Structuring Transfer of Assets/Business
A share transfer versus a business transfer is commonly evaluated from a tax-structuring perspective. Generally, a share transfer proves beneficial for a foreign investor. Tax outflow on the sale of shares by a non-resident is lower versus sale of a business/asset by a domestic company. Furthermore, extraction of the domestic company’s income earned from an asset/business transfer is subject to dividend-related tax costs.
While structuring opportunities are available, it is pertinent to note that, in practice, any tax structuring strategy could be exposed to closer scrutiny by tax authorities in India. Accordingly, any structuring move must be backed by commercial substance, robust documentation and valuations etc.
Capital gain derived by a foreign investor from the disposition of FDI is generally taxable in India. Although there is no general exemption, capital gain is taxable at special rates which depend on the period of holding and the nature of the investment. Long-term gains are taxable at 10% or 20%; while short-term gains are taxable as ordinary income (15% for listed shares traded on a recognised stock exchange in India). There are differing time thresholds for determining whether gains are long term or short term.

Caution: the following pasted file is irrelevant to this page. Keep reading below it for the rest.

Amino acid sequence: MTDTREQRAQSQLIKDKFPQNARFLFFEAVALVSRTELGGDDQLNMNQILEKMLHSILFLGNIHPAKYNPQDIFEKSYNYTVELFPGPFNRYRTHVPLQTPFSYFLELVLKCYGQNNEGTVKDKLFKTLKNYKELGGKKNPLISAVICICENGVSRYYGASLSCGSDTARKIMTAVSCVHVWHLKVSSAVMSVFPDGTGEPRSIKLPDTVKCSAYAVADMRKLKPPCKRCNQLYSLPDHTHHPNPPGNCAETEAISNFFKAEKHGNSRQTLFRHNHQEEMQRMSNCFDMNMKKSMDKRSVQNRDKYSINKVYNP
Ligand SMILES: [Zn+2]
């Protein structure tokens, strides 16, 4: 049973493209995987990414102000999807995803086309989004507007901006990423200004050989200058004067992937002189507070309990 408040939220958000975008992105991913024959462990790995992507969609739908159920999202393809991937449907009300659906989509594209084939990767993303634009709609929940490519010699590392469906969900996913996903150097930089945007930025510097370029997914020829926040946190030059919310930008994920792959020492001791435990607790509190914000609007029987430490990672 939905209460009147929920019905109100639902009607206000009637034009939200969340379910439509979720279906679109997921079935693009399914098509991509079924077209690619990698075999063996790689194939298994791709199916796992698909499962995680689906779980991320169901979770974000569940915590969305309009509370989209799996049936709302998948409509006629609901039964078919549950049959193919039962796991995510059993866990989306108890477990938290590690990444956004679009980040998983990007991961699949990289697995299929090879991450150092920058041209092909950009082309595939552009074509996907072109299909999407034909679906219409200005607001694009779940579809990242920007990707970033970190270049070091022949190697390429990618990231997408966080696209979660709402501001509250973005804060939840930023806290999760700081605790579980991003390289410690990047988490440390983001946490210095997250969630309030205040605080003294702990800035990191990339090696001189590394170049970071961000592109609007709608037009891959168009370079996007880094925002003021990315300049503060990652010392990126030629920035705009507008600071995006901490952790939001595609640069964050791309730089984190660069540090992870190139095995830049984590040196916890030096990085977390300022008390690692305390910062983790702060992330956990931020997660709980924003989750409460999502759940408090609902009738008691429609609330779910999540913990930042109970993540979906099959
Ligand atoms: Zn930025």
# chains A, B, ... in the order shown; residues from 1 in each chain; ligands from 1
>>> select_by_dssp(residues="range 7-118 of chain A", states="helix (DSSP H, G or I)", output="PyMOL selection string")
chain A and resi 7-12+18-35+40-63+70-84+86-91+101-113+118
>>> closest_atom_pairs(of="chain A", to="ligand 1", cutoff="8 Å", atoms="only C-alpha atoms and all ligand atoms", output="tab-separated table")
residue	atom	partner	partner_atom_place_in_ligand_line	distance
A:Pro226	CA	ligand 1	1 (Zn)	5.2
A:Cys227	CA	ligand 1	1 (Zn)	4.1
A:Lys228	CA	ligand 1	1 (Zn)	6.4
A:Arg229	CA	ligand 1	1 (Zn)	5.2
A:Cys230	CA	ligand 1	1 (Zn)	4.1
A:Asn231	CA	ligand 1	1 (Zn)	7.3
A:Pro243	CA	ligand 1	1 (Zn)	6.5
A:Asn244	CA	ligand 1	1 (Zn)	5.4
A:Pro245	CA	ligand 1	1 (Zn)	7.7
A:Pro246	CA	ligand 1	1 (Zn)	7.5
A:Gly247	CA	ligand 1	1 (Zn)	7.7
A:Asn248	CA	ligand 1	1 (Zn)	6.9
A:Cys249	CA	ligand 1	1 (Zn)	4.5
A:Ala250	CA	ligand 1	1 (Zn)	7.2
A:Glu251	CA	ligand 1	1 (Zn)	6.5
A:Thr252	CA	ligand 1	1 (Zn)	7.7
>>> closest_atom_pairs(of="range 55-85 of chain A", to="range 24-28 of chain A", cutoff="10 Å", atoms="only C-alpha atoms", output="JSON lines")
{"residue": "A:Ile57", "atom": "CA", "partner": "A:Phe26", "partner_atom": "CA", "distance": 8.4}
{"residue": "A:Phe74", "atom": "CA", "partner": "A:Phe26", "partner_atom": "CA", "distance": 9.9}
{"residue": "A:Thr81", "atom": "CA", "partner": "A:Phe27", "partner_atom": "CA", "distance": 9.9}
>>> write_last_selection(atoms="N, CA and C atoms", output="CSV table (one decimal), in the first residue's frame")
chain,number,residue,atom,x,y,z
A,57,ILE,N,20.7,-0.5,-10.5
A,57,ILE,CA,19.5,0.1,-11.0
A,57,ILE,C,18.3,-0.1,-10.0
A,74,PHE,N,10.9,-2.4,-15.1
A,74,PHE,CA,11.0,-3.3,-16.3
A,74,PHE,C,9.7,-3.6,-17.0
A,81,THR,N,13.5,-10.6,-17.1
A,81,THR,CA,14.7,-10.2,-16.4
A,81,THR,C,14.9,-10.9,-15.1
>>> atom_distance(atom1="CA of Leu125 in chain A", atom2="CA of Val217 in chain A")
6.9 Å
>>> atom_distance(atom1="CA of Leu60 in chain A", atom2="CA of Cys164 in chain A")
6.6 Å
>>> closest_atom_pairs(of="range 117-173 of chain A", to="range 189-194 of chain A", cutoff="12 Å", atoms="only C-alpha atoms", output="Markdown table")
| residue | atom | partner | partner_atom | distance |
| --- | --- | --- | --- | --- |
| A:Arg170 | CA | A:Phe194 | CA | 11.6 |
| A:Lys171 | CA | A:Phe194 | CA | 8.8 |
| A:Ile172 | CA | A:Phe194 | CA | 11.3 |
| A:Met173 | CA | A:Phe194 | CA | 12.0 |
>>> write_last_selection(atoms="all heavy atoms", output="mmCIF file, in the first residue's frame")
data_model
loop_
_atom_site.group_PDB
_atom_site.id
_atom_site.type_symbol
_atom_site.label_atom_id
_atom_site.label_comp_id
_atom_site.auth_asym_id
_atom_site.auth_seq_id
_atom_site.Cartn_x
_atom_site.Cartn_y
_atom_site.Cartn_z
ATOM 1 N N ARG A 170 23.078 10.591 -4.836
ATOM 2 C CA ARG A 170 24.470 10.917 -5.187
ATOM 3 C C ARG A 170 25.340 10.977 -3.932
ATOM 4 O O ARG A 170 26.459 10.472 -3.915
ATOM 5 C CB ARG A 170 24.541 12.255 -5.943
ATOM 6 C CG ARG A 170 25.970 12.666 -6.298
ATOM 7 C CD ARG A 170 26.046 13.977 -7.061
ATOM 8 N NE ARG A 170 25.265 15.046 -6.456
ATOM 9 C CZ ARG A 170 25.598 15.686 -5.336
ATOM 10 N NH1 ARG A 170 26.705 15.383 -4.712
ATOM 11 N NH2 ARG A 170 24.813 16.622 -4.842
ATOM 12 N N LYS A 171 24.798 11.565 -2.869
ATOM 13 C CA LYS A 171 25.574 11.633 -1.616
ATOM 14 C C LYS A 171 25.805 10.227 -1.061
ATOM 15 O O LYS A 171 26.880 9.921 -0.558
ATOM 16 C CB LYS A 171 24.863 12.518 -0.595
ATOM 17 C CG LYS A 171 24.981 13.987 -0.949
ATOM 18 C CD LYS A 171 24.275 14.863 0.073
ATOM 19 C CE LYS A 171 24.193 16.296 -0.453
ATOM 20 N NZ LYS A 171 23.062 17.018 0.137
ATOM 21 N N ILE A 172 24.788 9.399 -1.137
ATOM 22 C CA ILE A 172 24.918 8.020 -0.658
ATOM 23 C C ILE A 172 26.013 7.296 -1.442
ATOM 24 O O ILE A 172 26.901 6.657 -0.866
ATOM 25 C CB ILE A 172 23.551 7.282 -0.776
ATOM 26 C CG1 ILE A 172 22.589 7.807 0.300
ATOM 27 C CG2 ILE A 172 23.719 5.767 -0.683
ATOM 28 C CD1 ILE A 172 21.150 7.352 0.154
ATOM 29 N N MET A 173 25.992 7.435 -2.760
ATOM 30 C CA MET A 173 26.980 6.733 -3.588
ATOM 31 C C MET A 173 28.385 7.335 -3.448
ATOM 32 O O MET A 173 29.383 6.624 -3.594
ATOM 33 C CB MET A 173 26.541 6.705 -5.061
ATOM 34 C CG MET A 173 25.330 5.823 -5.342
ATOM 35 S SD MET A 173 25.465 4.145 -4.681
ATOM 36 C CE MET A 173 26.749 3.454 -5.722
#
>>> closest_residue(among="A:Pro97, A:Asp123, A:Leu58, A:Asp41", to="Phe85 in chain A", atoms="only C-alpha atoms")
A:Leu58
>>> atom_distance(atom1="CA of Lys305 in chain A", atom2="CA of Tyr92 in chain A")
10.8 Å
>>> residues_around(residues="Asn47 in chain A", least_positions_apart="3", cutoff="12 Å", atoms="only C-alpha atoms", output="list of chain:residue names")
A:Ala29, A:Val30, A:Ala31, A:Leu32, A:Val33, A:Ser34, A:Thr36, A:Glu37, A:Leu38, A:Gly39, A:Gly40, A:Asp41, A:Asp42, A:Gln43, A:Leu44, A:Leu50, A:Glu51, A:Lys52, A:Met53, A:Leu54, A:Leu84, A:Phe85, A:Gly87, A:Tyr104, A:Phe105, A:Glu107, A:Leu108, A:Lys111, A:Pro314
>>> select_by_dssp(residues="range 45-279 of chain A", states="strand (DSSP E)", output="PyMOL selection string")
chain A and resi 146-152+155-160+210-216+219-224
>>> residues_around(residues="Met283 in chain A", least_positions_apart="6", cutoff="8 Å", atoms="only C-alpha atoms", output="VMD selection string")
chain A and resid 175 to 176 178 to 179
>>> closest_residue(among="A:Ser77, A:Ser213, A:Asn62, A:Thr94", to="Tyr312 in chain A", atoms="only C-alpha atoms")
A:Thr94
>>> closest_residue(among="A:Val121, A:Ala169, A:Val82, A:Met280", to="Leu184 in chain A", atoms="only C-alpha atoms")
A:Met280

The taxability of capital gains under domestic law is subject to beneficial provisions under tax treaties.
The legal position in India on fiscally transparent entities being allowed benefits under tax treaties continues to remain under debate. In view of this, tax-transparent investors such as limited partnerships evaluate investing through a drop-down corporate vehicle eligible to claim treaty benefits.
Indian tax law has both specific as well as general anti-avoidance rules in the IT Act.